This piece first appeared in the Tallahassee Democrat.
People like free money, so it’s not surprising that the owners of Proof Brewing Company have requested hundreds of thousands of dollars in taxpayer subsidies to help them renovate the old Coca-Cola bottling plant on South Monroe Street. But just because people like free money doesn’t mean they should get it, and taxpayers and local officials should reject Proof’s pleas.
Proof Brewing Company was founded in 2012 and, according to its website, it’s Tallahassee’s largest independently-owned production brewery. It has spent the last six years in Railroad Square and plans to remain there until the renovations of the Coca-Cola bottling plant are complete, which is planned for the end of 2018.
To help with the cost of the renovations, Proof recently asked for $450,000 from the Tallahassee Community Redevelopment Agency. The money would be paid out of the higher property tax revenue the city hopes to collect due to Proof’s investment raising property values in the area around the plant. Proof is also in line to receive some reimbursement for development fees, city property taxes, and county property taxes.
There’s an argument to be made that Proof should share in the higher property tax revenue generated by its investment, but there are other things that need to be considered. First, would the investment take place without the subsidy? If so, then the additional tax revenue can be used on something else — more police, teachers, or parks. Proof has already acquired the property and did so for a reason, so it seems unlikely that it won’t relocate unless taxpayers help offset some of the cost.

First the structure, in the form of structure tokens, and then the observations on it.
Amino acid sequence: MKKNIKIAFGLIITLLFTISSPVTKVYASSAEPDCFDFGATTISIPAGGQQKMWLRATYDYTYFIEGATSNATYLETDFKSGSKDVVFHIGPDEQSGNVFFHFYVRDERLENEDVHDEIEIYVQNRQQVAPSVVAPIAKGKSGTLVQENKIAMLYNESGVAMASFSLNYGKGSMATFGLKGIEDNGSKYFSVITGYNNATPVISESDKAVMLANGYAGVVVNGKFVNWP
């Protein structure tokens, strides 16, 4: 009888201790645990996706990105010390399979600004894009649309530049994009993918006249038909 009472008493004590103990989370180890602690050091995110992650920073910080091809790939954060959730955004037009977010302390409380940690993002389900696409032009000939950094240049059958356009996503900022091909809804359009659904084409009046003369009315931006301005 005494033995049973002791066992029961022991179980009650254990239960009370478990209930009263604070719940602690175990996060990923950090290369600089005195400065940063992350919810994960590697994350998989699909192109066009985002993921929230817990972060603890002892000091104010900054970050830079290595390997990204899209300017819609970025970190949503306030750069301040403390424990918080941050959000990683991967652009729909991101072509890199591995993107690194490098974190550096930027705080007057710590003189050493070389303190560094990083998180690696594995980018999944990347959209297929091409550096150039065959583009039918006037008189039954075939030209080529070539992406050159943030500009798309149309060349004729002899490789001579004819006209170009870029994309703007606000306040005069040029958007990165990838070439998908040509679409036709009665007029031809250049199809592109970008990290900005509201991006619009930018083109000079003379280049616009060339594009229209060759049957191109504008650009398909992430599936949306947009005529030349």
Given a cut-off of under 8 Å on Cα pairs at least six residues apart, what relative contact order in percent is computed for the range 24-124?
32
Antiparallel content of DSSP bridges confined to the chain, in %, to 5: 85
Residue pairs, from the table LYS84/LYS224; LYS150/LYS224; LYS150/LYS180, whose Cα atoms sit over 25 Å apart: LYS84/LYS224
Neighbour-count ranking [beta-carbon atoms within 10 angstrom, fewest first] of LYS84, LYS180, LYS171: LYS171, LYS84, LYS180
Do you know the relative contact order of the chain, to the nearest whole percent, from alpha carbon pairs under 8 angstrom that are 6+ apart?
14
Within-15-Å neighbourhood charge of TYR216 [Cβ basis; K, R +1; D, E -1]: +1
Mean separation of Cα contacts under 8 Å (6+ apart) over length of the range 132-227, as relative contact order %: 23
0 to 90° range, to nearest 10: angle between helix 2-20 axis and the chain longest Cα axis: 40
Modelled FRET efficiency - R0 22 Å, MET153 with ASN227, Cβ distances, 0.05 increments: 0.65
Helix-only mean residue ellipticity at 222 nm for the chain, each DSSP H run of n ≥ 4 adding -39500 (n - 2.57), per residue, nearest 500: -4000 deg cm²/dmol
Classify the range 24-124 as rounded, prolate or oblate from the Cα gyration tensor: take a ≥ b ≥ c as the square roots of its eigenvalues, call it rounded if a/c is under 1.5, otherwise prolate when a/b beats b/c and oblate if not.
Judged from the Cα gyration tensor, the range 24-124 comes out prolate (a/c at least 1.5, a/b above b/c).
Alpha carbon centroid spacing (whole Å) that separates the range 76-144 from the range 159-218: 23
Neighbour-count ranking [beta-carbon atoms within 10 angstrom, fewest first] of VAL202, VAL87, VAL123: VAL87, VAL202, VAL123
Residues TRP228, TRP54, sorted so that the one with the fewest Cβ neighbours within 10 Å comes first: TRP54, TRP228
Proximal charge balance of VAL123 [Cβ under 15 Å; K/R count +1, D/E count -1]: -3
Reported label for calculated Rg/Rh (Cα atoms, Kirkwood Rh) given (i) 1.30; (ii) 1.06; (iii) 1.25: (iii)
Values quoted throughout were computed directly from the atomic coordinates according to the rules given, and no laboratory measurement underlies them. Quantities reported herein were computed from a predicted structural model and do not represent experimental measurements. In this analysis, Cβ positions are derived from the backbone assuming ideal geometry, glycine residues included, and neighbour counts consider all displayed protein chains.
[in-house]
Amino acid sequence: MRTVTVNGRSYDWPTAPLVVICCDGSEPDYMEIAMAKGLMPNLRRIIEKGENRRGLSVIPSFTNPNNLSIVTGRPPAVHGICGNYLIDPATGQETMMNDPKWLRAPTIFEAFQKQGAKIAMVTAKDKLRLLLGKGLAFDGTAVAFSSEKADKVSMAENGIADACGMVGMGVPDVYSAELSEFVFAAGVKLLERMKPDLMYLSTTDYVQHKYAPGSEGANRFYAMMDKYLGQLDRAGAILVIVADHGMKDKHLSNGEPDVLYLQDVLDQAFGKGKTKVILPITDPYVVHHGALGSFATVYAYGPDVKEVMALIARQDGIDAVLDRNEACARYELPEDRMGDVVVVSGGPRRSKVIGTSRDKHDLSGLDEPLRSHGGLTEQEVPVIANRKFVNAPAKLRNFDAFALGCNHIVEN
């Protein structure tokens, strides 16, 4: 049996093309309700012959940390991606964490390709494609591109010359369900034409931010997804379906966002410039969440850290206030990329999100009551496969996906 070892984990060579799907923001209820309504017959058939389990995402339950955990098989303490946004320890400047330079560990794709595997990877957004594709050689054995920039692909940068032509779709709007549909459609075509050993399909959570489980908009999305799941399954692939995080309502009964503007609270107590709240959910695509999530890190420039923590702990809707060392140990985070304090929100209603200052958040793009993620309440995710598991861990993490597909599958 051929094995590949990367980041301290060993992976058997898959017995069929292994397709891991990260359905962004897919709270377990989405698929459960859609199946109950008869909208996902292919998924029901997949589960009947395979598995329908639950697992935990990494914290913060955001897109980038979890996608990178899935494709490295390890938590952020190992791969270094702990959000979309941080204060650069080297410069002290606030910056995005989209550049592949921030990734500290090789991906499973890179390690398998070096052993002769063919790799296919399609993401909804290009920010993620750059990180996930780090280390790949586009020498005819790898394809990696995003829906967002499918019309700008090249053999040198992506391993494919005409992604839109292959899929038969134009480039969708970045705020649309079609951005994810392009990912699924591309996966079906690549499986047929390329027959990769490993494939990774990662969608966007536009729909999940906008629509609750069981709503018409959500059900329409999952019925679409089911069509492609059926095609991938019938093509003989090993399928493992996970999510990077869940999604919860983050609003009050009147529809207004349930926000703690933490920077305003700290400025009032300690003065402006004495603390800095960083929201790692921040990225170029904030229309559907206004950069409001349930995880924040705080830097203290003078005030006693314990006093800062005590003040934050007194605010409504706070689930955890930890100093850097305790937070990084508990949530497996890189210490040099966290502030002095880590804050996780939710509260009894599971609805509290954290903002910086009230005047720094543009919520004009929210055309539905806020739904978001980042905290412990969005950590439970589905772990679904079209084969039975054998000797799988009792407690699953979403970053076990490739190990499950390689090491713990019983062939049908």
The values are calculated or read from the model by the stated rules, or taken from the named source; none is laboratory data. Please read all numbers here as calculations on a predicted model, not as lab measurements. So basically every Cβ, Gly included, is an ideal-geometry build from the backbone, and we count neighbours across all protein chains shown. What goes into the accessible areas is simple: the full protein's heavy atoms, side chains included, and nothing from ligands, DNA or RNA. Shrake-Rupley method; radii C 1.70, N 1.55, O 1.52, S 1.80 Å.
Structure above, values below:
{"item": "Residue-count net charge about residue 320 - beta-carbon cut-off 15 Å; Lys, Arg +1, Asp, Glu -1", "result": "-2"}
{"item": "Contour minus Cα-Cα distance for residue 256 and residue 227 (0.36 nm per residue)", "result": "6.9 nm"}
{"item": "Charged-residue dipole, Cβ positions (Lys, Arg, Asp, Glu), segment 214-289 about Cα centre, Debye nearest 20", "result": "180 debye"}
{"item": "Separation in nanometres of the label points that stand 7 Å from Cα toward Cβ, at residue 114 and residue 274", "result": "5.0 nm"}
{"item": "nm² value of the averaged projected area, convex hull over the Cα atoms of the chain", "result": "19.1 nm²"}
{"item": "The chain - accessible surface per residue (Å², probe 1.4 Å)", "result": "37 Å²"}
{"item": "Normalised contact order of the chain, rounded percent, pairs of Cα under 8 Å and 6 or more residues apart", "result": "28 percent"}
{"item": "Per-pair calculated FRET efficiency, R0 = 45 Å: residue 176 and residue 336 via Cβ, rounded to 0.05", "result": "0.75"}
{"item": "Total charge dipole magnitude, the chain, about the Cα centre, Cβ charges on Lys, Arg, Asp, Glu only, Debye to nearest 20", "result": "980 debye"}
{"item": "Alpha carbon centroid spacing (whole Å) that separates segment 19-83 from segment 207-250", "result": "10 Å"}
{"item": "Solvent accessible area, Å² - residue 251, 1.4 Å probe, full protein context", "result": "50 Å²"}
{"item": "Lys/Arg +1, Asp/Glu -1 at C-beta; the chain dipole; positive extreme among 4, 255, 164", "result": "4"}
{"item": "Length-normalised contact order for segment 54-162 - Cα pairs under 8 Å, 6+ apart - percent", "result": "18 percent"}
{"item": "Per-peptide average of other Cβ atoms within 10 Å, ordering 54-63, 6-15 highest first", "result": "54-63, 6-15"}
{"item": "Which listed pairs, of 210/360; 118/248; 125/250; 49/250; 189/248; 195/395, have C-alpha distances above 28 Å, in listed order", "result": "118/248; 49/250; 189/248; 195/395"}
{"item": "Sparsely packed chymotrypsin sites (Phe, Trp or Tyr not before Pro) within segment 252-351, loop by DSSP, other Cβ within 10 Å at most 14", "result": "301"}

There are also other investments that could increase property values that don’t primarily benefit one business. For example, nicer roads, sidewalks, street lighting, or public spaces would provide benefits for all the businesses in the area, not just Proof, and these investments could be funded with the same money.
Any subsidies given to Proof also give it a competitive advantage over other Tallahassee breweries, such as Ology, DEEP and Lake Tribe. If these other breweries want to move into a new building or expand operations at their existing site someday, is the city going to give them the same deal it’s giving Proof? The same can be asked for all the other area bars and restaurants that compete with Proof for customers. Tax breaks for specific businesses inevitably mean that the government is picking winners and losers, and that’s not the government’s job.
Finally, there’s always the possibility that Proof will fail in its new location. While Proof has been a successful business so far, an economic downturn or a few bad decisions by management could put it out of business. This would decrease rather than increase property values and put taxpayers on the hook for the subsidies.
Proof provides a great product and it has been a good member of the Tallahassee community, but that doesn’t mean it deserves special treatment. Tallahassee should resist the urge to give Proof, or any other business, taxpayer money.
Adam A. Millsap, Ph.D. is the assistant director of the L. Charles Hilton Jr. Center for the Study of Economic Prosperity and Individual Opportunity at Florida State University.
The featured image is from Proof Brewing Company.